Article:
BICO forced to put export plans on hold
Operators of the island’s largest ice cream manufacturing company, BICO Limited, are calling on Government to remove stumbling blocks hindering the export of dairy and other products to the United Kingdom, Canada and the United States.
Executive director Edwin Thirlwell told journalists today that the 114-year-old ice cream company was still not in a position to export to the larger markets because Government had not yet carried out the necessary procedures for the island to become an accepted point of origin for dairy products.
“There is a lot of background work to do to set up the key [industries] which are fisheries, meat [and dairy]. So it is a big job and I think not one that Government can tackle at this time, the way money is. So that is an ongoing saga. We are interested because we are looking at the markets where we could seriously sell BICO. They are desperate for cherry vanilla [ice cream] in Toronto and of course having already manufactured in Canada we could sell it there. But there is work to do,” he said.
At the same time Thirlwell disclosed the company had put its plans of exporting to St Vincent on pause given the economic challenges in that country and intends to focus on expansion of its local market share.
Speaking to reporters at BICO’s Harbour Road, St Michael location this morning, Thirlwell said the company had made progress in its efforts to get into St Vincent, but decided to pull back because of unfavourable conditions there. “We had a new export customer in St Vincent. In fact, I have been there and seen the person. It is the same old story. If we think things are bad here, they are worse in other places. There is simply no money around there, and what we don’t want to do is to waste our effort at a time like this on developing export markets when they don’t even pay,” he said.
“So because we don’t have a factory now . . . we only order what we want and since export business is traditionally very low margin . . . we came to the conclusion, ‘What is the point in that then? We might as well concentrate on our home market where we are strong and when the time is right we will look again’,” added Thirlwell.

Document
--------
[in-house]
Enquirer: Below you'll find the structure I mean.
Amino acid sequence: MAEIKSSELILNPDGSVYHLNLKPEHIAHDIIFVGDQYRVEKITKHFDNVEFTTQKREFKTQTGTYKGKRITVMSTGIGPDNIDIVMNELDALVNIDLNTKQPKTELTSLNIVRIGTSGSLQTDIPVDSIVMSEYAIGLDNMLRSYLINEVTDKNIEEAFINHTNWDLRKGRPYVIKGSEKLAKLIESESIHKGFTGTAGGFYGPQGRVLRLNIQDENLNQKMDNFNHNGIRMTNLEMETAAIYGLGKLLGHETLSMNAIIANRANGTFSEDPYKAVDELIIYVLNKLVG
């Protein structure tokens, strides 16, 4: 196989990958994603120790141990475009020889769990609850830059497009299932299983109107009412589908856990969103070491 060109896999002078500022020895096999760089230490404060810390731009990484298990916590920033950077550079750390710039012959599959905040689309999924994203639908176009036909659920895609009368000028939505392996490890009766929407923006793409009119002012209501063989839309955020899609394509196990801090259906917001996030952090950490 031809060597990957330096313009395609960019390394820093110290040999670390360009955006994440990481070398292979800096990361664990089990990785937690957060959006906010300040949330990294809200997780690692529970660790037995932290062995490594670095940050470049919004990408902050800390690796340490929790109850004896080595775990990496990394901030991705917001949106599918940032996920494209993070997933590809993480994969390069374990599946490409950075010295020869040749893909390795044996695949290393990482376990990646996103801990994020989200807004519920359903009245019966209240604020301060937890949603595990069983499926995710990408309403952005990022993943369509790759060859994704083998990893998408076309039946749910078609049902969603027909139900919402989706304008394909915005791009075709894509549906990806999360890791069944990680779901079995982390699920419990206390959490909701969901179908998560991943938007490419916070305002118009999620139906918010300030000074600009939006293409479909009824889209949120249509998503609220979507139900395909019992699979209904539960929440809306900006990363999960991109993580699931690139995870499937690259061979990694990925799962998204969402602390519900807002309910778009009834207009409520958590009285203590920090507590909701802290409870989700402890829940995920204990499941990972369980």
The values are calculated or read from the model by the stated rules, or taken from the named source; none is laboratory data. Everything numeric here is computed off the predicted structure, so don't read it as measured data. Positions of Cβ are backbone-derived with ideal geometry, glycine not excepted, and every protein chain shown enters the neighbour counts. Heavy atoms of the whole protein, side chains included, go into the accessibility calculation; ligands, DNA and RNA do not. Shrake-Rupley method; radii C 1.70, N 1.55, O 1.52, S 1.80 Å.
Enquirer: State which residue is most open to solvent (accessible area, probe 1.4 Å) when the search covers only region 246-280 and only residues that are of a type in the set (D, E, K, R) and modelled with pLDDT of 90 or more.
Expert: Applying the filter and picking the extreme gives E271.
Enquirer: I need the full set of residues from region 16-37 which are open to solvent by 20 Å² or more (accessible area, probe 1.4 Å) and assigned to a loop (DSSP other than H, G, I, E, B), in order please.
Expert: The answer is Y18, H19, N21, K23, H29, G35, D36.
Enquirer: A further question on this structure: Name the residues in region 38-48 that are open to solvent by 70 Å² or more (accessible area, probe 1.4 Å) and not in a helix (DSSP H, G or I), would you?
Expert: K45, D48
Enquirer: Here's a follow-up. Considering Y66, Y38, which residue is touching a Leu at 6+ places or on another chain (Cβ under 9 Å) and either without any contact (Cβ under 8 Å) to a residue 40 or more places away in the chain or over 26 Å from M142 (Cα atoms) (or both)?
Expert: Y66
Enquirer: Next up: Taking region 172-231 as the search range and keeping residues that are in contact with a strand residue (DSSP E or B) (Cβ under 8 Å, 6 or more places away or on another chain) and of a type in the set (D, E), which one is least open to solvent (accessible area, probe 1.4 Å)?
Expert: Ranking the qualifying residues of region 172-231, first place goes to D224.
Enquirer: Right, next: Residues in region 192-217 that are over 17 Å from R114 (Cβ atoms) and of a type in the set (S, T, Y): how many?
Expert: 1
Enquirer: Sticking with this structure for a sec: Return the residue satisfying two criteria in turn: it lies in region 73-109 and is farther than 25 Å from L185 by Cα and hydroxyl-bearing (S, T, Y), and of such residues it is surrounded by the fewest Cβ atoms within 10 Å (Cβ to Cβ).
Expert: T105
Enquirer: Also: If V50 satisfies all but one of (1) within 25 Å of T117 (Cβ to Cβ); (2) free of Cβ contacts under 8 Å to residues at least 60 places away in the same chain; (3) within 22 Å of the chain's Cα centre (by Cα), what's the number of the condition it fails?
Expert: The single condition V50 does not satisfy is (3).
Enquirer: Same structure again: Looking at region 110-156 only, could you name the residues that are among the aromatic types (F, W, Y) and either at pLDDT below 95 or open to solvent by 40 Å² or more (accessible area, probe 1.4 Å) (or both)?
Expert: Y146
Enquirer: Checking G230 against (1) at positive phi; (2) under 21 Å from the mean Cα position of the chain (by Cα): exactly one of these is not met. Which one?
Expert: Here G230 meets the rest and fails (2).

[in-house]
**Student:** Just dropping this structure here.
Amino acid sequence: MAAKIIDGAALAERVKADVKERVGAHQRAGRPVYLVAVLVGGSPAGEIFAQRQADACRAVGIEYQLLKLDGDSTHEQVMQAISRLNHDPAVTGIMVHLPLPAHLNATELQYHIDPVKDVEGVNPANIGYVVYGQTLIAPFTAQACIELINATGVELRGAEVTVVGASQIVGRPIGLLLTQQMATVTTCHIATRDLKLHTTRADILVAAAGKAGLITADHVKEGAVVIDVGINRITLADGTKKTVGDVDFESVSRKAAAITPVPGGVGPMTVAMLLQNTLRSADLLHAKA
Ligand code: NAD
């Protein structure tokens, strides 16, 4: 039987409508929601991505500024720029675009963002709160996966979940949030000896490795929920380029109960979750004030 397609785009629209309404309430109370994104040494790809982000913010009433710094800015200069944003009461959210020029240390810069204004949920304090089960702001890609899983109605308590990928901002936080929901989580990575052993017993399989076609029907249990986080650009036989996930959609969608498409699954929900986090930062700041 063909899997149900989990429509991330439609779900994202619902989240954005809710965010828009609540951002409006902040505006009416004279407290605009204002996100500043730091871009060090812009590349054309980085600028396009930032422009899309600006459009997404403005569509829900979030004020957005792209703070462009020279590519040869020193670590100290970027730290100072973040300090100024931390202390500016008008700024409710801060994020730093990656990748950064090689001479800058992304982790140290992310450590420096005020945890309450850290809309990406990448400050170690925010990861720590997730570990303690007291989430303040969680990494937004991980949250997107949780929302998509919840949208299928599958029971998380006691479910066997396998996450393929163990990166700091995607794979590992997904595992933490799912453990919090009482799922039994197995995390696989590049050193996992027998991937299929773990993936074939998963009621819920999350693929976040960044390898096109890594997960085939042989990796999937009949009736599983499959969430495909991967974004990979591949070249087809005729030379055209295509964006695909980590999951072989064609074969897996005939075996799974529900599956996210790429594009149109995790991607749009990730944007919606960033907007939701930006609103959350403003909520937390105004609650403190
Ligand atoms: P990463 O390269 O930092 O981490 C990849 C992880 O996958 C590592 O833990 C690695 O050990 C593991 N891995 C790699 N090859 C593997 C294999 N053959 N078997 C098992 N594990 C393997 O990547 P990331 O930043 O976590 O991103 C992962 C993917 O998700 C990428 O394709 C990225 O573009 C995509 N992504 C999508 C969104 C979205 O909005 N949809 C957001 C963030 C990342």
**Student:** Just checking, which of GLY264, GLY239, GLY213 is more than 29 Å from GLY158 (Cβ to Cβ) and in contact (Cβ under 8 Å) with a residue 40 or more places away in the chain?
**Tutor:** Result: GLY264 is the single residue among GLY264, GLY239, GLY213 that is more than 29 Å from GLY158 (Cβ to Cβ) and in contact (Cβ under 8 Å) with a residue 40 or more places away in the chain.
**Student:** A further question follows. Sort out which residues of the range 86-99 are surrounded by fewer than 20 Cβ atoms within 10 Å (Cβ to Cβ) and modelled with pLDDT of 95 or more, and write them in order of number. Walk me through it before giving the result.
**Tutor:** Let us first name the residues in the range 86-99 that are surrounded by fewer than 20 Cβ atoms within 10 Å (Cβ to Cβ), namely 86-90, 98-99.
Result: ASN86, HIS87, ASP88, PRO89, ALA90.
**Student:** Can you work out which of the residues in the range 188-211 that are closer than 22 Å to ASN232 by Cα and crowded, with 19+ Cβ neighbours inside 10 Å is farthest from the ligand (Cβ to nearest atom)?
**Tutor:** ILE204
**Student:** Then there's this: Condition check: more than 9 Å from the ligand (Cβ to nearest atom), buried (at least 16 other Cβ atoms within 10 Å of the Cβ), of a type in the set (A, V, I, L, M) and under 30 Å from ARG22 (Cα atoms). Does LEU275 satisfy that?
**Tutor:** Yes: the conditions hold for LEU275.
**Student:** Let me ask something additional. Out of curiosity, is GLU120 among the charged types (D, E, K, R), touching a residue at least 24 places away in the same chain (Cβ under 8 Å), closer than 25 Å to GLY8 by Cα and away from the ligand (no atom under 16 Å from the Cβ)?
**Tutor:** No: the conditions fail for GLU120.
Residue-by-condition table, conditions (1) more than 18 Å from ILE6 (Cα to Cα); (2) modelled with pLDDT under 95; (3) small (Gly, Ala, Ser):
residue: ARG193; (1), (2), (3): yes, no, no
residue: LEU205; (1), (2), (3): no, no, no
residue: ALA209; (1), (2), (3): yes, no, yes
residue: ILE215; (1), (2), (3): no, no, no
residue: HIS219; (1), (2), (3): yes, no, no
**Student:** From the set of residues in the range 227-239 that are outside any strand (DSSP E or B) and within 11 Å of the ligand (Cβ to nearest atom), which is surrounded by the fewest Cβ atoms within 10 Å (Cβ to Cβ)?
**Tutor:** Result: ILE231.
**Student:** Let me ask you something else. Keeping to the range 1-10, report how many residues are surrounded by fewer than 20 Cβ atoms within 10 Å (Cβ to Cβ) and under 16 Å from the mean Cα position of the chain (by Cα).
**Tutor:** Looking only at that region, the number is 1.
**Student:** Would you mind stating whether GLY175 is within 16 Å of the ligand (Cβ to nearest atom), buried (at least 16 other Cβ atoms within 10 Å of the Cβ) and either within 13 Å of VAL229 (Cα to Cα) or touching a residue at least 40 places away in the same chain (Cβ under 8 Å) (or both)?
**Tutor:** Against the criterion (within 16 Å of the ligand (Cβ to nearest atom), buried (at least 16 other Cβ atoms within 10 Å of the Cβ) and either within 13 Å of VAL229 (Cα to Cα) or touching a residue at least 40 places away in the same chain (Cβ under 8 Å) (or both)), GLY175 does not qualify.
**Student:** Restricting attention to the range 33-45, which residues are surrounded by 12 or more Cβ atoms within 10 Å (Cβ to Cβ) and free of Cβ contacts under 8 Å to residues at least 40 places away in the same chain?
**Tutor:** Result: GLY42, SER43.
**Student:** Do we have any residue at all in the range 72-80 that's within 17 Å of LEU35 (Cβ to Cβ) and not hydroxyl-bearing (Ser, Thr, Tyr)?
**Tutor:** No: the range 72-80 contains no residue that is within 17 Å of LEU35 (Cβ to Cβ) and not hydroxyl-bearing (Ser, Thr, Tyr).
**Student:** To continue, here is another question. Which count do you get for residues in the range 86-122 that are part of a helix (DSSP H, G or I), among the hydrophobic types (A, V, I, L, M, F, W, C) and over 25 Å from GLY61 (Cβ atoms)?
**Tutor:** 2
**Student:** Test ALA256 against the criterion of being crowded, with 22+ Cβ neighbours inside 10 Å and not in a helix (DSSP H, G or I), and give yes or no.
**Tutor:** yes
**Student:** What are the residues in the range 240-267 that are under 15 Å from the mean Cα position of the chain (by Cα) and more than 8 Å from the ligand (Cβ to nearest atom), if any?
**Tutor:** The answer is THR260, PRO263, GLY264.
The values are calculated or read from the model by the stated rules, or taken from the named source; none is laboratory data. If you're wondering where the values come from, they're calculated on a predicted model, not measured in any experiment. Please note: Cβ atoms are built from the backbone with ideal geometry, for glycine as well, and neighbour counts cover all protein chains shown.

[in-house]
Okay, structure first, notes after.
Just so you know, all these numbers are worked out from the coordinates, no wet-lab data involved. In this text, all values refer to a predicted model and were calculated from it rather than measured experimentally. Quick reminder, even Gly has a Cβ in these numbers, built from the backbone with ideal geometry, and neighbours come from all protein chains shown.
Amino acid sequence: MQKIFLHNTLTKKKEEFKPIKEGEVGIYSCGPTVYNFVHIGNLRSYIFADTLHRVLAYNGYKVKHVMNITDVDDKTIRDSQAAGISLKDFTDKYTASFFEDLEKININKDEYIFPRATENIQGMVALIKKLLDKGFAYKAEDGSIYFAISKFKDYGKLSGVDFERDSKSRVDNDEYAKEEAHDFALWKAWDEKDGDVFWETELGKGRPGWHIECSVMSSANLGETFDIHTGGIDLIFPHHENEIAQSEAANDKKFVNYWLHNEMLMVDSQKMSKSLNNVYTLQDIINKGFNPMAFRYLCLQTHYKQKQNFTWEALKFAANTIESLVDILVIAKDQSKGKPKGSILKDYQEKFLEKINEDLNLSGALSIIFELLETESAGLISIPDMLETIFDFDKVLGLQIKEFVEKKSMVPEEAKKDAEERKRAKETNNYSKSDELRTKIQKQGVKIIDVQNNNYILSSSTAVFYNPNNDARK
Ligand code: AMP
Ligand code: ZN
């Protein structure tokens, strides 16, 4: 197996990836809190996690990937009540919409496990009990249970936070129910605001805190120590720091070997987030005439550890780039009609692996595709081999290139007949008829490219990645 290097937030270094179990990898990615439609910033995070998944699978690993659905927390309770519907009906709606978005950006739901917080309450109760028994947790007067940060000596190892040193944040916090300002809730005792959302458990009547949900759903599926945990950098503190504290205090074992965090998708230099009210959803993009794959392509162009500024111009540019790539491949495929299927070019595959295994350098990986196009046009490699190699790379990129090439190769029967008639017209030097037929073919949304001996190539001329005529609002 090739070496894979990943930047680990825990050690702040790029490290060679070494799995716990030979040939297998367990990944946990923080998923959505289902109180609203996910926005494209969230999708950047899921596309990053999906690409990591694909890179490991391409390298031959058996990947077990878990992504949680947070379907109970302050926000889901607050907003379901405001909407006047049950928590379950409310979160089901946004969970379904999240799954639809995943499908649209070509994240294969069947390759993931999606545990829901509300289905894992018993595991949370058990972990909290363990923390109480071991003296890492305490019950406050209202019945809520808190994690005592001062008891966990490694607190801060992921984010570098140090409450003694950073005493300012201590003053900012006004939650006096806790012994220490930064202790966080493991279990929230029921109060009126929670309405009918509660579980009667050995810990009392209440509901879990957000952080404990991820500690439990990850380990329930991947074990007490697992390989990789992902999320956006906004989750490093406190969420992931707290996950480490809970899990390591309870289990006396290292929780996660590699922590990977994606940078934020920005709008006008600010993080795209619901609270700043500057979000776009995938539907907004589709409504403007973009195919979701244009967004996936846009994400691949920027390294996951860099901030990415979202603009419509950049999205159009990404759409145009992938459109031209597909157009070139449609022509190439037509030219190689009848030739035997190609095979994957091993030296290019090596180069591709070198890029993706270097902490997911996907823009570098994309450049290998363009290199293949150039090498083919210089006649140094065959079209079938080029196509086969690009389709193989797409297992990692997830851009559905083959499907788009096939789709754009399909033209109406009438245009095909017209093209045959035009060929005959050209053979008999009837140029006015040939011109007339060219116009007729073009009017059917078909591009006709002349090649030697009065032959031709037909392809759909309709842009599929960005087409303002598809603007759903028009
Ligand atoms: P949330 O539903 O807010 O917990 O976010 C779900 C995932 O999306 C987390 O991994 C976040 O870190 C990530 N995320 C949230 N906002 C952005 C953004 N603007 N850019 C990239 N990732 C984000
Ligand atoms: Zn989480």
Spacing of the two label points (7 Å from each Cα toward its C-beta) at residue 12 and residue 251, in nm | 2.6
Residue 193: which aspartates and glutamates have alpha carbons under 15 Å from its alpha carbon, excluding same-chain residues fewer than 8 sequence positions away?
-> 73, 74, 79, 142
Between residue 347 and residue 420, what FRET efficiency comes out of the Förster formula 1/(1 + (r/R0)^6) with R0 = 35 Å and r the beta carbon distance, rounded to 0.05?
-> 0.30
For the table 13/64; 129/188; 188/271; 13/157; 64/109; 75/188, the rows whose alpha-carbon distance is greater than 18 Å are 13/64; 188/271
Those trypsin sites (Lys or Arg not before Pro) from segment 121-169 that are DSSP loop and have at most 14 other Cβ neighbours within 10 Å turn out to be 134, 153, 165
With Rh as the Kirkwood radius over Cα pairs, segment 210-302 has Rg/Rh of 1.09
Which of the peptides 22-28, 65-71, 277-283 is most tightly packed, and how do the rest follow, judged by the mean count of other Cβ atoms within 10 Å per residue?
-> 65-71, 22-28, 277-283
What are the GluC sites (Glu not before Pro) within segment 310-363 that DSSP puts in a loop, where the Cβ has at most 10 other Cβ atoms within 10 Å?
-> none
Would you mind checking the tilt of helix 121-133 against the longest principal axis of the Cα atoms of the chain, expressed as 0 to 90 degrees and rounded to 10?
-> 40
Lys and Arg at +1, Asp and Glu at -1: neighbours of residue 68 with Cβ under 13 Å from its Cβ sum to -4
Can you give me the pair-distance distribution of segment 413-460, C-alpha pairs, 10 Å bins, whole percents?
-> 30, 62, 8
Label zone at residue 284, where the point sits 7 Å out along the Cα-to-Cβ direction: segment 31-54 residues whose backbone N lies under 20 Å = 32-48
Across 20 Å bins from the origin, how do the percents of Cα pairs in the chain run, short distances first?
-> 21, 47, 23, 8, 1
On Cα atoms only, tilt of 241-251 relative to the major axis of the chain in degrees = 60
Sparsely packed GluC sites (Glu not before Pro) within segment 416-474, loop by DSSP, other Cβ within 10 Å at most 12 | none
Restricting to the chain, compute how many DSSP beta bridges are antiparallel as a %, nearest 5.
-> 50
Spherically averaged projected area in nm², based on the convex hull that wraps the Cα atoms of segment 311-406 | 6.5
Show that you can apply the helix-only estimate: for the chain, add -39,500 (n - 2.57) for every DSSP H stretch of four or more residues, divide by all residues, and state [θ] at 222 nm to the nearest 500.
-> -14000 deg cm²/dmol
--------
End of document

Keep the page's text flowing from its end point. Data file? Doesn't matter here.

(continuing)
He said exporting to the bigger markets would be better for the company at this time, but added that there were a number of things that needed to be put in place to allow them to do so.
“If anything comes up we will obviously look at it. It’s the same old problem. The big market for us would be the UK where all the West Indians would love to have BICO in London, Manchester and Birmingham. We can’t get in because Barbados is not a point of origin accepted by the EU. There is nothing we can do. It is something that Government has to do,” he said.
“Our laboratories and testing facilities are not acceptable to them. The same is with Canada. We would like to sell it in Toronto and we sell it in all places where Bajans congregate. Same thing with Miami and Brooklyn, we can’t get in. Barbados is not a point of origin for dairy produce. And I don’t think Government has any money or inclination to address that issue so we will just bide our time,” he said.
Thirlwell explained that as far back as when the Opposition Barbados Labour Party (BLP) was in office, the company established in a meeting with the relevant authorities, what
The company is however about to become Hazard Analysis and Critical Control Point (HACCP) certified by the end of this month.
Thirlwell said besides new and improved laboratories and testing facilities, the country needed more people to go around and test facilities including farms and manufacturing plants to ensure they were following certain procedures and maintaining a certain standard.